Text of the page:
Site created 12/15/97.
review added: 4/3/00
Love and Death on
1996 (2000) - Universal
review by Dan Kelly of
The Digital Bits
Disc Ratings (Video/Audio/Extras): B+/B/D
Specs and Features
94 mins, PG-13, letterboxed widescreen (1.85:1), 16x9 enhanced,
single-sided, single-layered, Amaray keep case packaging, theatrical
trailer, film-themed menu screens, scene access (18 chapters),
languages: English (DD 2.0 Surround), Closed Captioned
Giles De'Ath (John
Hurt) is a reticent and esteemed British novelist, seen by some as
an erstwhile fogey. He leads a quiet life, choosing to avoid or
ignore most of the modern day, non-literary conveniences. He owns
neither a VCR nor a television set and he is fine with this... until
he decides to attend a film for the first time in a very long while.
While viewing what he at first believes to be an E.M. Forster film,
he soon realizes that he is in the wrong theatre. Instead of Eternal
Moment, he has stumbled into the newest film by American
heartthrob Ronnie Bostock - Hotpants
College II. Try to imagine a Porky's
movie wrapped up in a social message. These are the kinds of movies
Ronnie Bostock makes.
This is the beginning of the end for Giles' literary seclusion, and
in almost an instant, his life is changed. His new found fixation on
all things Bostock is as funny as it is heartbreaking. He approaches
teen magazine scrap books, fan club information, and video rentals
with the same trepidation that any scared teen would feel sneaking
out of a book store with a nudie magazine. Eventually, his obsession
leads him to Long Island, where Ronnie lives with his girlfriend. It
is there that Giles decides he is going to do what he can for
Ronnie. He is going to help him become the actor he so desperately
wants to be.
The real joy in this movie is the subtle and winning performance of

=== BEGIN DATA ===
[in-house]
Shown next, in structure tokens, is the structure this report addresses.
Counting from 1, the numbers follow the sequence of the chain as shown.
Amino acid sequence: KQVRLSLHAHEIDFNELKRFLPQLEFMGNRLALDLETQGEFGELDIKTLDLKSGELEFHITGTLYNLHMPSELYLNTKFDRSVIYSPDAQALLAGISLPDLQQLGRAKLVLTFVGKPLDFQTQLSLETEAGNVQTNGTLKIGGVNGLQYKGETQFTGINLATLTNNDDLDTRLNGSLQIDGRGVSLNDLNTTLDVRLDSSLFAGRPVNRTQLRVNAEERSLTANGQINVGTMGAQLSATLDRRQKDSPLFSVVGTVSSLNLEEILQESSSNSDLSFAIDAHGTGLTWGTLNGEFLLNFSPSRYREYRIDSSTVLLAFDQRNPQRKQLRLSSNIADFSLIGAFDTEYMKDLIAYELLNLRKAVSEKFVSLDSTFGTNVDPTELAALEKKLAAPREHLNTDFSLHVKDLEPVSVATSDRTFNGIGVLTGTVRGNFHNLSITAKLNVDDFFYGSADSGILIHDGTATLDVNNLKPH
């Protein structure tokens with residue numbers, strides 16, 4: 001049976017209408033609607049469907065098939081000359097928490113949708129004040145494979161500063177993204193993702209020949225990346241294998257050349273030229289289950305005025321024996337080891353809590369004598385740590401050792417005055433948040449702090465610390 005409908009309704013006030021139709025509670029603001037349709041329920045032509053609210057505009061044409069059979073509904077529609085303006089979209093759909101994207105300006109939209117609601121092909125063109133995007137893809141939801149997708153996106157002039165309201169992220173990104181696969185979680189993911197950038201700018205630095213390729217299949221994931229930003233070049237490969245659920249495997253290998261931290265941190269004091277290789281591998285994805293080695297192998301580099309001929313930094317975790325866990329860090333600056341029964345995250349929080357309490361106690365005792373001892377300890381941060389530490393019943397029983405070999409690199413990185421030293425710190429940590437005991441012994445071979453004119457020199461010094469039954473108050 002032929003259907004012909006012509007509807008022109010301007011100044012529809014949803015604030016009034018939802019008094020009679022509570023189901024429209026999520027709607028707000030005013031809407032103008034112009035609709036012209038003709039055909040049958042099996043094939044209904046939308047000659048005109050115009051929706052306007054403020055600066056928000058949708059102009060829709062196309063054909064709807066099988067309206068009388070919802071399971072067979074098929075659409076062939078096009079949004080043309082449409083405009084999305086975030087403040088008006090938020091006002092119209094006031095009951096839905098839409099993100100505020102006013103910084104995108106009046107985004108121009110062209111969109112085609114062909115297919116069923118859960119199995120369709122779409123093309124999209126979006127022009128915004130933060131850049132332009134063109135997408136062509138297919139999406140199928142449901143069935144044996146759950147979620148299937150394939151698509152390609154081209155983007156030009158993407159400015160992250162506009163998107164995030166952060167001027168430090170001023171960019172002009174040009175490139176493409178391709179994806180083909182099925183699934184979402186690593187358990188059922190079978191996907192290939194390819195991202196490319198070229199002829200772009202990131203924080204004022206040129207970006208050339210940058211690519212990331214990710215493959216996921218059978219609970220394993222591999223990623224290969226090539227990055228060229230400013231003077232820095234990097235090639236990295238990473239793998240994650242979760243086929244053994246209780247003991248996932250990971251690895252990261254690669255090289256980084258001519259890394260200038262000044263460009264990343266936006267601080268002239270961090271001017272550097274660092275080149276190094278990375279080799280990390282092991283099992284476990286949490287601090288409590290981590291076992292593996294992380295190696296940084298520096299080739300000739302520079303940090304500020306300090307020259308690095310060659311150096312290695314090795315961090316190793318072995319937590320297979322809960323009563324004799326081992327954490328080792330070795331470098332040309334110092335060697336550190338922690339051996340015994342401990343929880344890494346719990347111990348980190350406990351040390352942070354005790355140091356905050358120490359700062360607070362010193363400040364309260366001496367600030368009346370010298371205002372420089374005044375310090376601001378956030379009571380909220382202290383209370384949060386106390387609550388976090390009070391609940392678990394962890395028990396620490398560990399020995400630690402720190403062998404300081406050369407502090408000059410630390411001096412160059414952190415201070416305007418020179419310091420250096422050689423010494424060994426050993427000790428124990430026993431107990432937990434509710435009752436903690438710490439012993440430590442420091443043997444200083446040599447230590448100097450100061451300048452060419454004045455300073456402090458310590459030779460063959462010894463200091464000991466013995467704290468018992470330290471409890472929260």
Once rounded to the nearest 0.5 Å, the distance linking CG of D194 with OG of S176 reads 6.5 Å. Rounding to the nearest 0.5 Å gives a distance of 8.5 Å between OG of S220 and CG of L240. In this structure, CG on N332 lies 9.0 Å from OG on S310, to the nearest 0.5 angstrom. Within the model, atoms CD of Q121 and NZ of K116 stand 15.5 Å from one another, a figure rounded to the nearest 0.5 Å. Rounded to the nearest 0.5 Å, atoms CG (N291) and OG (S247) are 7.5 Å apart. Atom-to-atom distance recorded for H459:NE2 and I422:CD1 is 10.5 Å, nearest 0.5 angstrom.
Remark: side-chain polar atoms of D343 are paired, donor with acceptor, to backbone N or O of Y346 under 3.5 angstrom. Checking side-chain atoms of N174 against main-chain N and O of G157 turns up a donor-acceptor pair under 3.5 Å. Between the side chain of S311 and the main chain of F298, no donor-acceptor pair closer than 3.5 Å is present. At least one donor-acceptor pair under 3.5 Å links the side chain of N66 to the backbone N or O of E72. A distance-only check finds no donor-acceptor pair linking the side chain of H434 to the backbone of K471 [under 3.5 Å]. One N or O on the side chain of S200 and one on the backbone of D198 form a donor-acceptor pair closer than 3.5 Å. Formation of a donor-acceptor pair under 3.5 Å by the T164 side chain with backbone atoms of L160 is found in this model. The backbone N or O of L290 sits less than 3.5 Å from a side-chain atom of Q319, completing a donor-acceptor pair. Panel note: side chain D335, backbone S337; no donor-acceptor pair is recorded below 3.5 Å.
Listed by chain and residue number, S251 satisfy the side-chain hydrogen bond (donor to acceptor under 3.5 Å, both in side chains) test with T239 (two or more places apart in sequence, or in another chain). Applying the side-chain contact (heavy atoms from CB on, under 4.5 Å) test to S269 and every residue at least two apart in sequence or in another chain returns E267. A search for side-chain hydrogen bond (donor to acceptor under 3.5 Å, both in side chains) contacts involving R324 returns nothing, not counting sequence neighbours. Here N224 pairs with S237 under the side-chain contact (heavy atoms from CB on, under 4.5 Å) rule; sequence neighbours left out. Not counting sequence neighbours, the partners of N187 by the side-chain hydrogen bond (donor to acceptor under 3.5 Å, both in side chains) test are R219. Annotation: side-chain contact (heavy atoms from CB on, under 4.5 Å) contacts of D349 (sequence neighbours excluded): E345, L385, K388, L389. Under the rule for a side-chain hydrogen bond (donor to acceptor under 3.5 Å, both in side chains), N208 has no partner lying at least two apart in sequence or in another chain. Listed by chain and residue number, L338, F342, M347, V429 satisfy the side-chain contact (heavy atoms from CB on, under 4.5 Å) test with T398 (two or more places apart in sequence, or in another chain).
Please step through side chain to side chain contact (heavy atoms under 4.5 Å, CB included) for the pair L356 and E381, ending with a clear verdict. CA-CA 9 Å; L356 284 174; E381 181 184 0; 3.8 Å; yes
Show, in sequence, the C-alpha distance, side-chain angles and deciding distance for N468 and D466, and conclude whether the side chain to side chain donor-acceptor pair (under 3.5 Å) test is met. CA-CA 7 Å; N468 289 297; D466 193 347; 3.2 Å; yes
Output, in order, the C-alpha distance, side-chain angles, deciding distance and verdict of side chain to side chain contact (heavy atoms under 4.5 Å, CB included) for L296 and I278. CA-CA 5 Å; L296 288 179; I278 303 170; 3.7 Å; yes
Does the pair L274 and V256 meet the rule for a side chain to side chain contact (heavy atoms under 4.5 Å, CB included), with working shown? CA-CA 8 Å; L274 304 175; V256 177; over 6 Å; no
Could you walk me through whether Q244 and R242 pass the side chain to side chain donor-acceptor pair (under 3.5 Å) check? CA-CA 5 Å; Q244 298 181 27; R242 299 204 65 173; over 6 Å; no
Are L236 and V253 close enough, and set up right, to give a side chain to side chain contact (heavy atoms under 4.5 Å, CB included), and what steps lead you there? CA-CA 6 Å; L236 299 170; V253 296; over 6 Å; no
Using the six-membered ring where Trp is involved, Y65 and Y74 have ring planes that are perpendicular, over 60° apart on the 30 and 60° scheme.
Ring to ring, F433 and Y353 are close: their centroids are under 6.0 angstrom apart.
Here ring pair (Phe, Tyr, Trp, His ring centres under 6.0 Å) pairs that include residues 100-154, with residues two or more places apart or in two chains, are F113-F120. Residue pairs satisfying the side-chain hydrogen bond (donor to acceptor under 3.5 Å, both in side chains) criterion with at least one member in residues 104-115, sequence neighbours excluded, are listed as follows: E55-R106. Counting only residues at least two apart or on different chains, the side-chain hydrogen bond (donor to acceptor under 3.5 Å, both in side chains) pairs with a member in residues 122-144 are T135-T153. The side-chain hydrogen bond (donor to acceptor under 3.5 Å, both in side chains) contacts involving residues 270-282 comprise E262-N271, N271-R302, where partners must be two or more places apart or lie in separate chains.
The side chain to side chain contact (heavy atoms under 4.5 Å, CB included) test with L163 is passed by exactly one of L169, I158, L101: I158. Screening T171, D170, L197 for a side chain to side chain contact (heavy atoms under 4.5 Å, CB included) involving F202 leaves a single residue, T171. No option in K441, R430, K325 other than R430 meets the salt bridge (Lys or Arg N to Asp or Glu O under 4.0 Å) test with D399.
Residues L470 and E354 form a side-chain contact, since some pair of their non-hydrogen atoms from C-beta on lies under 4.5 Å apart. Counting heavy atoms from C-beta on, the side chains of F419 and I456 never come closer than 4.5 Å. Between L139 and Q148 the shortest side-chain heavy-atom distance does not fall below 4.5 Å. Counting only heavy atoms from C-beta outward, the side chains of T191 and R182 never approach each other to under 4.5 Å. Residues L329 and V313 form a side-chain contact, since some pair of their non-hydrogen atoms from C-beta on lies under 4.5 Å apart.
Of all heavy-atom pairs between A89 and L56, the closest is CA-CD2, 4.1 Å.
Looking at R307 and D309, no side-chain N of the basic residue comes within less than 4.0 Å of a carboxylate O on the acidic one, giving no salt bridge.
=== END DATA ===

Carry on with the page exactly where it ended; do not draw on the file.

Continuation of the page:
John Hurt. The easy route would have been the "go for broke"
approach - to bring the role completely over the top and ham it up.
Instead, Hurt brings a level of sophistication to the role that
ordinarily would have been left out of it. By playing Ronnie, Jason
Priestly stretches his screen image past television teen-magnet...
well, almost. Sure, he's playing himself (sort of), playing Ronnie
Bostock. Which, in effect, is just about the same character he does
on Beverly Hills 90210, but
he's doing it in a different kind of movie. The way Ronnie feels
about playing these stock teen roles could very well be how most of
the brat-pack crowd feels about these exact roles. He knows his
talent, or what he's allowed to show of it, which is very limiting,
and he wants to play the parts that will win him big paychecks and
respect from the acting community.
This is a movie about adolescent obsession for an entirely
different, more grown-up audience, with adult humor that teen
audiences may not be distant enough from to completely understand.
Obsession is crushing, but it can be very humorous when you step
outside of yourself and examine it from a different point of view.
Watching this movie, I was reminded of the crushes I had when I was
a teenager, and I'm sure most people that see this movie will
remember them too and realize how awfully embarrassing it would be
to re-live them as an adult.
Universal chose to release Love and
Death on Long Island as a very basic disc. The film is
presented in its original aspect ratio of 1.85:1, with a nice
anamorphic treatment. This picture looks nice, though I did notice
some edge enhancement and occasional color bleed. A mildly quiet and
non-invasive Dolby Surround track is included. The movie is pretty
high on dialogue and low on the sound effects end of things, so
there is little use of the surround speakers. But dialogue is always
clear and very easy to understand without having to adjust the
The extras are where Universal drops the ball. There's a trailer
and a chapter list, though anyone worth their weight in salt
wouldn't consider a chapter list a special feature. A commentary by
the director or any of the actors would have been welcome, as would
anamorphic enhancement of the film's theatrical trailer.
Universal has always been a big supporter of DVD and special
editions, so it's a little easier to cut them some slack when they
release a bare-bones disc. As DVD fans anywhere can attest, it's all
too easy to become accustomed to grand collector's editions and
forget about the days when VHS was the only realistic and attainable
option for home viewing of movies. If you're looking for extras, you
may just want to rent this disc, but it's worth the price of
purchase if you enjoyed the movie.